anything in the HPR .With some prospects for flight opening up, I dug out this kit and got to work.
The first thing that struck me as unusual about this kit was that the directions did not direct me to start with the
motor mount. Instead, the came first.
Six tubes were provided already cut to length. The tubes were divided into three pairs and then an Estes angle was
used to put a straight line along the lengths of three of them.
The tube pairs were then compared for length to make sure that they were all identical. One tube was a bit longer
than the others but a belt sander quickly solved that problem. Some 15 minute epoxy was mixed and a brush was used to
paint it along the lines scribed onto the three tubes so marked.
The tubes were then pushed together in pairs, checked for alignment and set on a concrete floor to stiffen up.
About half an hour later, the tube fins were stiff enough to continue work.
Strips of masking tape were placed at either end of the tube pairs to serve as dams. Some 20 minute finish cure
epoxy was then mixed and poured into the creases between tubes. They were set aside to harden and a day later the pairs
were turned over and the opposite creases were treated to some epoxy .
Construction of the motor mount was a simple affair. It consisted of a 38mm motor tube and a pair of centering
rings. The interiors of the rings needed a bit of sanding to fit over the motor tube, but that was easily accomplished.
A line was marked 1/4" from either end of the tube and the the rings were epoxied into place. When the epoxy had
stiffened, a substantial epoxy was laid down on the forward end of both rings. When that had stiffened, a fillet
was also placed on the rear side of the forward ring but the rear of the aft ring was left unfilleted for now.
A member on warned me that the tube fins for this rocket were made from coupler tubes instead of the body tube
and, as a result, do not close perfectly when arranged around the BT. I found that this was indeed the case. He solved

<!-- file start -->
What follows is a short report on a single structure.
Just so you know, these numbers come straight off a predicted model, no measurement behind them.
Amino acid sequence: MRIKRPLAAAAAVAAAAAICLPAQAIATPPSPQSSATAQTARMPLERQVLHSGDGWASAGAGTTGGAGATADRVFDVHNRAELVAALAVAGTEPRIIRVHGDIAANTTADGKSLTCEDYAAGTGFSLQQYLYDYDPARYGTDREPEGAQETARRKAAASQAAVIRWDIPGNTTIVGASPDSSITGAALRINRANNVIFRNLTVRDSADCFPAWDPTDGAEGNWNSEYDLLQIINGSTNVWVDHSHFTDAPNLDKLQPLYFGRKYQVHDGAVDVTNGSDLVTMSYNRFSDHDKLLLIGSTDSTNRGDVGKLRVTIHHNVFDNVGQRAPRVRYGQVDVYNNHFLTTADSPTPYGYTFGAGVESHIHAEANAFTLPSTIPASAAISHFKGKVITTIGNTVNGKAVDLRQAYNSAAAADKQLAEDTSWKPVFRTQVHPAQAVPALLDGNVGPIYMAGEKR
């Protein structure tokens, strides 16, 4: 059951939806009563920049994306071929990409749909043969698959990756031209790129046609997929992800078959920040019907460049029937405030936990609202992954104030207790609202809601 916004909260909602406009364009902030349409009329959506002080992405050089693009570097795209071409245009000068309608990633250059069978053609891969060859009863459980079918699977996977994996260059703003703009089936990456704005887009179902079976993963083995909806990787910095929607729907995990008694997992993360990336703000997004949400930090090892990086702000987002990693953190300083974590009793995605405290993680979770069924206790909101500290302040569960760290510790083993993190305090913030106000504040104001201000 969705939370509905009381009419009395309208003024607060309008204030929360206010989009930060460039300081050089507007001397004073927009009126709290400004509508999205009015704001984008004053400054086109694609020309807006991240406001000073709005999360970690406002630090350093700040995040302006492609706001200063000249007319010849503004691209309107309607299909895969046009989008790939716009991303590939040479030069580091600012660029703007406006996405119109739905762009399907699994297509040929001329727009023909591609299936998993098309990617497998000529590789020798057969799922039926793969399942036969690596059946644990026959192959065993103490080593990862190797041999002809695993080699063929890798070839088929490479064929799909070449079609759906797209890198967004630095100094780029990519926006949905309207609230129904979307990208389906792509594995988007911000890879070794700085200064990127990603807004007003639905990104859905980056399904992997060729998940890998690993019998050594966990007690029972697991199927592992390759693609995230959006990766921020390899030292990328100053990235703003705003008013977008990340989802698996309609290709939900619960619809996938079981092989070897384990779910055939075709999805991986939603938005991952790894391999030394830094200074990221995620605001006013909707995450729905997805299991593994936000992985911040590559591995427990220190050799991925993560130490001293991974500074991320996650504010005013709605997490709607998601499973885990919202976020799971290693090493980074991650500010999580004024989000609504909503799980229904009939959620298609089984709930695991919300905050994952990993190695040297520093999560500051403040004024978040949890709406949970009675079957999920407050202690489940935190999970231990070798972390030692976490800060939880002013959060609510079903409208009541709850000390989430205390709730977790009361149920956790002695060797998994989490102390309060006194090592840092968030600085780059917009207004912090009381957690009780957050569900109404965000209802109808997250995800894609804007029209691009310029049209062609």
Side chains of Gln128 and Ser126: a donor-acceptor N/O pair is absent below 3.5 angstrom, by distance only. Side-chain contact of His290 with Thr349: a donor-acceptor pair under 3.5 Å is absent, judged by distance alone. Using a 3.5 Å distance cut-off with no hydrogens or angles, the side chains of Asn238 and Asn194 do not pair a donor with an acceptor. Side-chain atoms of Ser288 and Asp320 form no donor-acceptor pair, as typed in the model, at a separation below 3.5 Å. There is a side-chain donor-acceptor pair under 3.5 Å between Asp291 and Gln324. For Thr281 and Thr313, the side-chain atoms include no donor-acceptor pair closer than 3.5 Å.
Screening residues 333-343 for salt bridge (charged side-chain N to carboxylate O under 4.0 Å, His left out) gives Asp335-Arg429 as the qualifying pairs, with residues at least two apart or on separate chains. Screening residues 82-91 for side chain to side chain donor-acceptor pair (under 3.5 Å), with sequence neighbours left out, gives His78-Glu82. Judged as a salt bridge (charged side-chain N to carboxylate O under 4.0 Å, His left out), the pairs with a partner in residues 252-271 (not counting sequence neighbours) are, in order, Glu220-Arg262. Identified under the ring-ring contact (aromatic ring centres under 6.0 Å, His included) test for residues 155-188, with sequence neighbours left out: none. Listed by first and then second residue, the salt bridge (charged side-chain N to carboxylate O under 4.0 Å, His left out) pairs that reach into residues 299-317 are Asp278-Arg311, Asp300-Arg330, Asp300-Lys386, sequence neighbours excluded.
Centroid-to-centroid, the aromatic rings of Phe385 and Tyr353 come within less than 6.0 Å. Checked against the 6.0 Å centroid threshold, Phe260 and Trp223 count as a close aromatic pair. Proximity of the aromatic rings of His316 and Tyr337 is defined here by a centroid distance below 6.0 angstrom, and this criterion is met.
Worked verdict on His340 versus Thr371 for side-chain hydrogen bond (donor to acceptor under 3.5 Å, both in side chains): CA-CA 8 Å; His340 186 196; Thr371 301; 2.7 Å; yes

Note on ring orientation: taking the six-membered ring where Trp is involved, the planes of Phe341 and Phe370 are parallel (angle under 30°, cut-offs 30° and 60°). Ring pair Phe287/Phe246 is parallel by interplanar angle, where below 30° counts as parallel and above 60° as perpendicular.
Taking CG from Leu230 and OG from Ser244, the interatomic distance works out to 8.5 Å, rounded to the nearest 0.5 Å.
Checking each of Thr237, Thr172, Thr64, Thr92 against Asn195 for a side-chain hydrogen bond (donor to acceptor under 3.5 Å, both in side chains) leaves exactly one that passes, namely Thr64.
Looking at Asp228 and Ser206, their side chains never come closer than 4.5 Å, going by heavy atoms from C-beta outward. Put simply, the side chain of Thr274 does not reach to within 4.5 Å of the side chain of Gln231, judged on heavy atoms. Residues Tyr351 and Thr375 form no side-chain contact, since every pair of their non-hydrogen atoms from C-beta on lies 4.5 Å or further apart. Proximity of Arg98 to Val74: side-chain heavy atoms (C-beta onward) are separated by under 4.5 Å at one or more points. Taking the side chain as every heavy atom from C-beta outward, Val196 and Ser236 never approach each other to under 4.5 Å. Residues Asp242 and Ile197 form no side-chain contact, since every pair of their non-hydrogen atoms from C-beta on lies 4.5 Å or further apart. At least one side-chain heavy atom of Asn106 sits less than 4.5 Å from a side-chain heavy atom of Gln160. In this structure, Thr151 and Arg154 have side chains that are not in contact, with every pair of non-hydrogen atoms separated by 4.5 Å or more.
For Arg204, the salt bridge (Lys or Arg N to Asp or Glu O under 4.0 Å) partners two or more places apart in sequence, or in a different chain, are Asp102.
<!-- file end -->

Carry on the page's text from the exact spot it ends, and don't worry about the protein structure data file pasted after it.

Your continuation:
this problem by slipping some plywood spacers between the tubes. I considered doing this. However, while I think that
is the best way to go, I did not do so. I had no plywood of the appropriate dimension sitting around and I was
impatient to proceed.
I decided to leave a small gap between each pair of 2 tube fins. Accordingly, I mixed some 5 minute epoxy and
brushed it on to one of the tube pairs. The pair was then applied to the BT while the BT was sitting on a concrete
floor, to keep things straight. When this initial pair had set up, I brushed some epoxy onto each of the remaining 2
pair and the applied them, judging the spacing with nothing except my eyeballs.
The plastic nose cone had quite a bit of flash on it as well as some ugly valleys at the mold lines. I used a
razor the scrape away the flash and then sandpaper to smooth it down. I was still not satisfied so I applied some
Squadron green putty to the valleys and set it aside to dry.
The plastic transition, on the other hand, had no problems with either flash or mold lines. It was ready to go so
I put some epoxy on the small end and slipped the payload tube over it. I then had to use a rag and some alcohol to
clean up the excess.
By this point, the epoxy on the motor mount had hardened. I checked and found that the outer diameter of the
centering rings fit the body tube just fine and that no sanding was needed. I mixed some more epoxy and applied a
generous ring around the circumference about 8" up from the aft end; that was as far as I could reach.
The motor mount was then pushed in until the forward ring was about 2 inches in and another ring was applied just
forward of the aft end. The motor mount was then pushed the rest of the way in and the rocket was stood on its tail to
let the excess epoxy drift down and form fillets.
A couple of days later I got back to the the nose cone. The excess putty was sanded away and that removed most of
the obviously visible problems.
The instructions say that the nose cone can be either epoxied into the payload bay or friction fitted with tape. I
almost epoxied it since I never do the payload thing but decided that I might change my mind later. Accordingly I put